As currently drafted there is no requirement in the Bill for the chief officer to seek the approval of (or even consult), the body accountable to local communities—the police authority—as to the introduction of CSOs in the area. The Bill should require the chief officer to obtain the approval of the police authority to the principle of introducing CSOs and other designated support staff and the policy and strategy for deployment of CSOs and other such staff. We would expect police authorities to consult widely with their communities before taking such a step and it is disappointing that the Government does not share our view of the importance of dialogue with local communities about the nature of policing in their area to determine their views and support for initiatives such as this.

  If provisions to allow the appointment of CSOs are to be introduced then the APA believes the following are the minimum safeguards to protect the interests of local communities:

    —  CSOs should only be introduced in an area with the full consent and approval of the police authority and after the police authority has consulted widely with local communities

    —  The accountability and direction and control of CSOs must be the same as for regular officers

    —  The role of CSOs would need to be clearly defined so that this does not lead to the development of two-tier policing

    —  CSOs must be standardised with the rest of the service to ensure that they are instantly recognisable to the public and their role is properly understood.

    —  CSOs must be suitably trained and brought within the ambit of the police complaints process

    —  The exercise by CSOs of powers to detain, stop vehicles or issue fixed penalty notices must be subject to the same recording requirements as is the exercise of such powers, including stop and search, by police officers so that proper monitoring can be undertaken to ensure that the powers are not used disproportionately or discriminately

    —  Efforts should be made to ensure that CSOs are properly reflective of the local communities they serve

Accreditation Schemes

  The APA has substantial concerns about proposals to award police powers of any sort to accredited organisations. The award of such powers raises significant questions around accountability, control, training and the community's perception of policing as a whole. It also raises questions, not addressed by the White Paper, about the legal responsibilities for acts committed by such staff.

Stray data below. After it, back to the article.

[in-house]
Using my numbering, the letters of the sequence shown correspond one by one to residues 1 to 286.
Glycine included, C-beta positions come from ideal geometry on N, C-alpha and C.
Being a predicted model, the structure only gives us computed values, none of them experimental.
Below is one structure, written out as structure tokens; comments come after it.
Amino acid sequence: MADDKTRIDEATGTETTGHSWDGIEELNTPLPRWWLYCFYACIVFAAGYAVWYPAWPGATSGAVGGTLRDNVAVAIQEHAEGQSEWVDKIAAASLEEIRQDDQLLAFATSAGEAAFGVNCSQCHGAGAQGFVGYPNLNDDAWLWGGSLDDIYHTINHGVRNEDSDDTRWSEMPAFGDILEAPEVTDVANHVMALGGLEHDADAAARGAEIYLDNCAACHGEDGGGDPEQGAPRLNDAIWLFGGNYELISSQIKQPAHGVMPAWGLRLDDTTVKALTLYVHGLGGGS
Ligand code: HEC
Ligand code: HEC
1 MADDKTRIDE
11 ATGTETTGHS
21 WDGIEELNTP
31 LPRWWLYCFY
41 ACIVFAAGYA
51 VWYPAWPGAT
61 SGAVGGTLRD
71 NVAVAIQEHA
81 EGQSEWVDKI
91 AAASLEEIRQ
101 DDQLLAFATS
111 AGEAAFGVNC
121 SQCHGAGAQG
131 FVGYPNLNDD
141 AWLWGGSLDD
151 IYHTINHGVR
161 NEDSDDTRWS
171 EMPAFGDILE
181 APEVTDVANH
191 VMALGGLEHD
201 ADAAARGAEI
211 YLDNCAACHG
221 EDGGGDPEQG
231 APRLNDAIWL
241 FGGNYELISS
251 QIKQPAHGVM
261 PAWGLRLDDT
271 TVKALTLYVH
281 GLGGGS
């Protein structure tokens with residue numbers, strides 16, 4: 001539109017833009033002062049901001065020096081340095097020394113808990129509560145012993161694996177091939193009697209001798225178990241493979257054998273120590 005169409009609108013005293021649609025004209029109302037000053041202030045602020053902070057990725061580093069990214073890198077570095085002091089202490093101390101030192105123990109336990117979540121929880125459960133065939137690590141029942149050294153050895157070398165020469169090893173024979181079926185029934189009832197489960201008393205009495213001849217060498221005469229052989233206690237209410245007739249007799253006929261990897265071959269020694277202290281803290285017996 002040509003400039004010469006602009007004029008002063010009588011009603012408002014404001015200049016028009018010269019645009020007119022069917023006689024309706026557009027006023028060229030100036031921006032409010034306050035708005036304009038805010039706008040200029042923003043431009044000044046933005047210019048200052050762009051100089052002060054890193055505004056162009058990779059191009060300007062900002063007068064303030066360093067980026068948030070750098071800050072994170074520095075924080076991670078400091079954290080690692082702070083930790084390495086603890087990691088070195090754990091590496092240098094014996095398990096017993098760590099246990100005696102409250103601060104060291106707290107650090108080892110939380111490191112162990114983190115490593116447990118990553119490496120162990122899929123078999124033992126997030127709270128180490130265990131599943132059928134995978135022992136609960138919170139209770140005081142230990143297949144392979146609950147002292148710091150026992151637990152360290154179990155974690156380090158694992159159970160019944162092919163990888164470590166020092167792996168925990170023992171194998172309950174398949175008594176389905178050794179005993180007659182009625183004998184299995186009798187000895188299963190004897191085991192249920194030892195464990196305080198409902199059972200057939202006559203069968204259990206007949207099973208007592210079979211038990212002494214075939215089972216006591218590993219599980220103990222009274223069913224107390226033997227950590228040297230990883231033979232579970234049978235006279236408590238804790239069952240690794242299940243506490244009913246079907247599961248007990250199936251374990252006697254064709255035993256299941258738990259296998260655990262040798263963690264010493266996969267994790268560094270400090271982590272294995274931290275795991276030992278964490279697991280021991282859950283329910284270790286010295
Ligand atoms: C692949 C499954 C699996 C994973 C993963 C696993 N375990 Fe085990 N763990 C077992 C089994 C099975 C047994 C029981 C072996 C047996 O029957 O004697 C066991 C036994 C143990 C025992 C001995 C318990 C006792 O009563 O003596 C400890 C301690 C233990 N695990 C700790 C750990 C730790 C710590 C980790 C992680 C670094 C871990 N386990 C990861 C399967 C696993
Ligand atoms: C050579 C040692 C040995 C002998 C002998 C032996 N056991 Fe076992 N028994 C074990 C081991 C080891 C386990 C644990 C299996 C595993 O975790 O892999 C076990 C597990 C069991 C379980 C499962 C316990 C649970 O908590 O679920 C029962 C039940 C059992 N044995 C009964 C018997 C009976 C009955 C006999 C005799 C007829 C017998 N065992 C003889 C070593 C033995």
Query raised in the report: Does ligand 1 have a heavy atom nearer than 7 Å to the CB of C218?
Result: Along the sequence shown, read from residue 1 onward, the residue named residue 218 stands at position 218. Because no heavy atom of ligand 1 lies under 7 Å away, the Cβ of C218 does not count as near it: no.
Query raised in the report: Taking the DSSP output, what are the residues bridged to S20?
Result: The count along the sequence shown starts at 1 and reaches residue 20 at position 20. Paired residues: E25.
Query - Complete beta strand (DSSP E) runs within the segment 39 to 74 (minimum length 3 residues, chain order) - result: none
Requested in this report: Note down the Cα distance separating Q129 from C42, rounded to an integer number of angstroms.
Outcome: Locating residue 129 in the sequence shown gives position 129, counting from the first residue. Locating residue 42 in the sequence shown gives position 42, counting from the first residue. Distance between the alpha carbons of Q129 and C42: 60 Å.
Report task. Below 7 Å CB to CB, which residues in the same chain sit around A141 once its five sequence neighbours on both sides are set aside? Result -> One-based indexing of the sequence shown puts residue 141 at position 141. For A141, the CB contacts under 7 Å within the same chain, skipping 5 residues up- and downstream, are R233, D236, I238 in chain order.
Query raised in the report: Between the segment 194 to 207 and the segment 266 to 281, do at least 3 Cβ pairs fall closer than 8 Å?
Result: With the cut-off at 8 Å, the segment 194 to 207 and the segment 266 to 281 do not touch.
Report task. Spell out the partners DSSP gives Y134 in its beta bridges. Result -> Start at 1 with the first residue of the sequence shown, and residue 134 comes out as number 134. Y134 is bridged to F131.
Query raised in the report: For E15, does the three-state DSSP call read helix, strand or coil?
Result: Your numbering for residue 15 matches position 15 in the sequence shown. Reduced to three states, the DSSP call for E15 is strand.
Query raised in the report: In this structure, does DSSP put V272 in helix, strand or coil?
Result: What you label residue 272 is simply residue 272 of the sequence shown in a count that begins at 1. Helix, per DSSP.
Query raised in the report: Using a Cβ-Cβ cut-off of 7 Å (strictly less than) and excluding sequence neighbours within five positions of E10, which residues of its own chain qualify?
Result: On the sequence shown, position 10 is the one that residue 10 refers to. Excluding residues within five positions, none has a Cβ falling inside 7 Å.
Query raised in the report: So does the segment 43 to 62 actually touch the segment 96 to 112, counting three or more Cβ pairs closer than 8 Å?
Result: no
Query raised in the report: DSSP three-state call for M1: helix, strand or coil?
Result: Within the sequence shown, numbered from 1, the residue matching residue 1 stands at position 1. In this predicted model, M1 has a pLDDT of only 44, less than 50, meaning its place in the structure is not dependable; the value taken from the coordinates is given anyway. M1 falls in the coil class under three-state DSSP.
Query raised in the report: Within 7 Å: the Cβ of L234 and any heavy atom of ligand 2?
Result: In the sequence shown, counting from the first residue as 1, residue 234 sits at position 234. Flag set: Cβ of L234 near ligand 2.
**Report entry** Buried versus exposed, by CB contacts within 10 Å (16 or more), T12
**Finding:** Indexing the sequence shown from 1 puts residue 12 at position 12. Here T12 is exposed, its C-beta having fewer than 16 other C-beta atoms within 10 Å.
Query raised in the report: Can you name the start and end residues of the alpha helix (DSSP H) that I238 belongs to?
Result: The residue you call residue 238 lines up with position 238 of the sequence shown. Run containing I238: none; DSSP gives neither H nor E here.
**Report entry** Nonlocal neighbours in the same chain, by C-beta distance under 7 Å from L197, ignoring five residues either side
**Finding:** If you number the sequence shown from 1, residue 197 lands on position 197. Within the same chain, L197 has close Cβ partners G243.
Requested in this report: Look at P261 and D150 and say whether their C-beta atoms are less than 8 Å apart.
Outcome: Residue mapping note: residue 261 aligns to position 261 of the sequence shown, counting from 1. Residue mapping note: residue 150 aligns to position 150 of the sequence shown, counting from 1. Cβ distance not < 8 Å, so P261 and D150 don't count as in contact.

As with the proposals for CSOs, it is unclear to what extent giving powers to non-police officers has support amongst local communities. We understand that many local warden schemes are strongly opposed to their staff being given police powers. Much of the success of local warden schemes is due to wardens being seen as part of the community: exercising powers would identify them too closely with the police and impact on those strong community links.

  The Bill only places an obligation on chief officers to consult police authorities about establishing accreditation schemes in their area and in our view this is insufficient. The establishment of accreditation schemes in an area goes to the heart of the nature and style of local policing and is not simply an operational matter for chief officers to determine. Such a significant change in local policing should be the subject of full and open debate with local communities to ascertain their support before embarking on such a course. The provisions in Clause 34 to provide for information about local accreditation schemes to be included in the policing plan are welcome but not in themselves sufficient to achieve real consultation before schemes are introduced.

  The Bill should require the chief officer to obtain the approval of the police authority to:

    —  the principle of introducing community safety accreditation schemes

    —  the entering into of "arrangements" with particular employers

    —  the policy and strategy for giving powers to, and managing deployment of, accredited staff in the area.

  The requirements for the chief officer to be satisfied about the training of accredited staff and that adequate complaints processes be in place are woefully insufficient to meet the high standards necessary to maintain public confidence in local policing or those exercising even limited police powers.


  The Government's proposals are all uncosted. However, preliminary work suggests that the resource implications of many of the proposals are significant. The Government must give a clear commitment to finding the necessary funding.

  There is also a need for further open debate on the priority that should be given to the various proposals, assuming funding will not be available immediately for all initiatives.

  The Government should give a commitment that these issues will be able to be debated meaningfully at local level, and that new proposals will not be implemented through ring-fenced central funding pockets. This complicates unnecessarily police funding issues, prejudices the ability in practice of authorities and forces to take decisions about local policing and reduces direct local accountability.

Association of Police Authorities

February 2002